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Don’t let your dream vacation turn into a nightmare: Avoid travel scams.

As we enter winter and begin to fantasise about warm places to visit, the Better Business Bureau warns of an increase in travel scams.

The BBB national Scam Tracker has tracked multiple reports of travel scams involving fake airline and booking sites and phone numbers.

In 2021, BBB’s Scam Tracker had 339 reported scams involving travel. On the BBB’s Scam Tracker, the total reported loss on travel scams in 2021 exceeded $350,000. Scams range from time lost and personal security information being threatened to tens of thousands of dollars on any given report.

The majority of reports involve customers booking a flight or vacation package through what appeared to be a legitimate website or a major airline phone number.

However, after making the reservation, customers never received a confirmation email or any information about the trip. Many customers never receive reservation information. The scammers quickly contact others, claiming that the “deal” has expired or been cancelled. The scammer then offers a different deal for a higher price. Consumers are urged to provide credit card information or make larger purchases by cancelling the previous “deal” and booking another.

How to report a scam

Consumers have reported contacting the major airlines and finding out the booking information does not exist. Travelers have been stranded at airports after purchasing only one legitimate ticket. Others have reported multiple repeating charges after the initial purchase.

Tips to spot a travel scam

Before providing any payment or personal information, consumers should check with the Better Business Bureau to ensure that the website or contact information is from a legitimate business.

Be especially wary of websites that use third-party vendors to purchase airline tickets.

► Just because the travel site looks nice does not mean it is trustworthy.

“Regardless of who you suspect is on the phone, I would never give personal information to an unsolicited caller,” said Akron BBB President and CEO Shannon Siegferth. “Hang up if you suspect a scam. . During the aforementioned……………………… Do not let time constraints or a ‘deal’ limit your due diligence in conducting proper research on any organisation prior to purchasing.”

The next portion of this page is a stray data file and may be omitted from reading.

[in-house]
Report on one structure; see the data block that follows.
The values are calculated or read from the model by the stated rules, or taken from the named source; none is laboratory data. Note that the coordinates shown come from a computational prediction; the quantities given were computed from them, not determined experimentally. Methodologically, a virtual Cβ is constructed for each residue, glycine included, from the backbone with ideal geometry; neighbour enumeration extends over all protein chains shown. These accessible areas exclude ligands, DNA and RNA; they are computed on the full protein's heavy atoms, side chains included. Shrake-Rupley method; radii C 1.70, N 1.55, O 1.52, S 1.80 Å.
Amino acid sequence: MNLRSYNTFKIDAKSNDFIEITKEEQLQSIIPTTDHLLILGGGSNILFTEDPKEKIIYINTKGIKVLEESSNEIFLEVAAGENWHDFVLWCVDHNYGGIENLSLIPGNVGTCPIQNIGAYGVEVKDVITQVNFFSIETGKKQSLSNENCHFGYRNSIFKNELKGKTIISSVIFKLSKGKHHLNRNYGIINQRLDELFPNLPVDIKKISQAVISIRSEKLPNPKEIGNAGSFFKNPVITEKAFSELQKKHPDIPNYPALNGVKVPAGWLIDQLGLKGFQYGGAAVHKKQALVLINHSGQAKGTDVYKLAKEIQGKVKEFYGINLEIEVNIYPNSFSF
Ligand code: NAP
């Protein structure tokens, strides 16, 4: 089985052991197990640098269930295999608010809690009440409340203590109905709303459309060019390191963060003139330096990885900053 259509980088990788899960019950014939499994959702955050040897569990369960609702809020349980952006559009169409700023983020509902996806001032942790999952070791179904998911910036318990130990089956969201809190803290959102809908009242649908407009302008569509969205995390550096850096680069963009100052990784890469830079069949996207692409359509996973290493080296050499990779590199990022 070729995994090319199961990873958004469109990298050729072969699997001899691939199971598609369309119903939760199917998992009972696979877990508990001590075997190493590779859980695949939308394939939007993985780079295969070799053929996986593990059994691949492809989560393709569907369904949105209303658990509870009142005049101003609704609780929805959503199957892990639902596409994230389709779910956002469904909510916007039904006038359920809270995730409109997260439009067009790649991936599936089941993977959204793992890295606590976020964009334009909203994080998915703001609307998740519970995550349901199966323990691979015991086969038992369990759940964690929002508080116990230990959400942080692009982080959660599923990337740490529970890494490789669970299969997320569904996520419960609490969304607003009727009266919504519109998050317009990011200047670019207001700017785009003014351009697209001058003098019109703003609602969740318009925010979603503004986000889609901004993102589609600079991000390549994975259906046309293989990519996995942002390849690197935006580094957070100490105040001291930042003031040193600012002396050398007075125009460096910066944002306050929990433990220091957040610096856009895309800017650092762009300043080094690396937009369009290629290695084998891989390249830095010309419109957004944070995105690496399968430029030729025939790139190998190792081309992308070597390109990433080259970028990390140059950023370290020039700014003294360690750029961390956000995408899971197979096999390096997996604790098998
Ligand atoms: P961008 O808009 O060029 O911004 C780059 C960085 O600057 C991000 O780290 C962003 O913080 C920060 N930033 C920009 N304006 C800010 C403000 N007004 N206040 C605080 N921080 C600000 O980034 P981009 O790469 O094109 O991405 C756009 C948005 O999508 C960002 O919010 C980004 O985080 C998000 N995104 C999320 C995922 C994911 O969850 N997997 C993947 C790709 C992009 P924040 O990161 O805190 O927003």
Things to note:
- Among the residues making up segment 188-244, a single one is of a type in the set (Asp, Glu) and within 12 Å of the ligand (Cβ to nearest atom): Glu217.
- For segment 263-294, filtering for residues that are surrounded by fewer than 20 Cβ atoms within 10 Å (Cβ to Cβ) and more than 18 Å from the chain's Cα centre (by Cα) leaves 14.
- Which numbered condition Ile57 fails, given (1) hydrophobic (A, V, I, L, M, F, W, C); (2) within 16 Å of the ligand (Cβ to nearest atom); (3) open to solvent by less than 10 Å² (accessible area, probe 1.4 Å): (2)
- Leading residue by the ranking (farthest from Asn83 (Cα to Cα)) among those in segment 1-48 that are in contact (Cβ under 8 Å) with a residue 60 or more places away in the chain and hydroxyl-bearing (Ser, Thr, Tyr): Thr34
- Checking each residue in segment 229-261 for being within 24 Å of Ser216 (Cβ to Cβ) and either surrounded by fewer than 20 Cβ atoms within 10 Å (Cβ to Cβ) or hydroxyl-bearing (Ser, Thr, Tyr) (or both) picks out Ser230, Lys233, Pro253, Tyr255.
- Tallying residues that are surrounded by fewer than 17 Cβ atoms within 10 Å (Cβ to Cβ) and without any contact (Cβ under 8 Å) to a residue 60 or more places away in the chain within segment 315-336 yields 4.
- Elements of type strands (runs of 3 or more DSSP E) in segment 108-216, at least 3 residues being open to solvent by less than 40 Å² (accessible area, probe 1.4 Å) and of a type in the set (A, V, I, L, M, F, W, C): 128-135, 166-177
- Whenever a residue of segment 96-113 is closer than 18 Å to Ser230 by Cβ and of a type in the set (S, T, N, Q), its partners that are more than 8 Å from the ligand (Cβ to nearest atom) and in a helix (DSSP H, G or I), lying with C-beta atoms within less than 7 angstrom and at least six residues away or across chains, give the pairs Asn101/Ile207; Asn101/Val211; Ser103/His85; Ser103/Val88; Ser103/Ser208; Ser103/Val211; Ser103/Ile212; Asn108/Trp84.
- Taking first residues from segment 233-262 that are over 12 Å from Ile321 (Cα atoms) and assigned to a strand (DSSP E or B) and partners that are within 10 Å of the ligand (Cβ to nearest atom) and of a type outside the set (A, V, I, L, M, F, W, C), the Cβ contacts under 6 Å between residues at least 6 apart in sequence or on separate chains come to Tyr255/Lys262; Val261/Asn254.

Siegferth also recommends reviewing a company’s website, reading reviews, and confirming that the organisation is a BBB-accredited business.

“We advise consumers to ensure the company they are looking to purchase from clearly and prominently provides a direct and effective means to contact the organisation. “It includes a phone number, a physical address, and an email address,” Siegferth explained.

As with any scam, be wary if you are asked to send money upfront, via wire transfer, or via gift card, according to the BBB. If you suspect fraudulent charges, contact your bank or other financial institution immediately. Your bank or financial institution will have an accurate account of your transactions and easily be able to know if your account has been compromised.

If it sounds too good to be true, it most likely is.

Scammers continue to evolve and pivot with their approach. Never assume you will not become a victim of a scam. According to the BBB, scams affect people of all ages, and it is important to remember that we are all targets.

If you are aware of a scam or have been a victim of one, please report it to the Better Business Bureau’s Scam Tracker at www.bbb.org/scamtracker and the Federal Trade Commission at reportfraud.ftc.gov or by phone at 877-382-4357.

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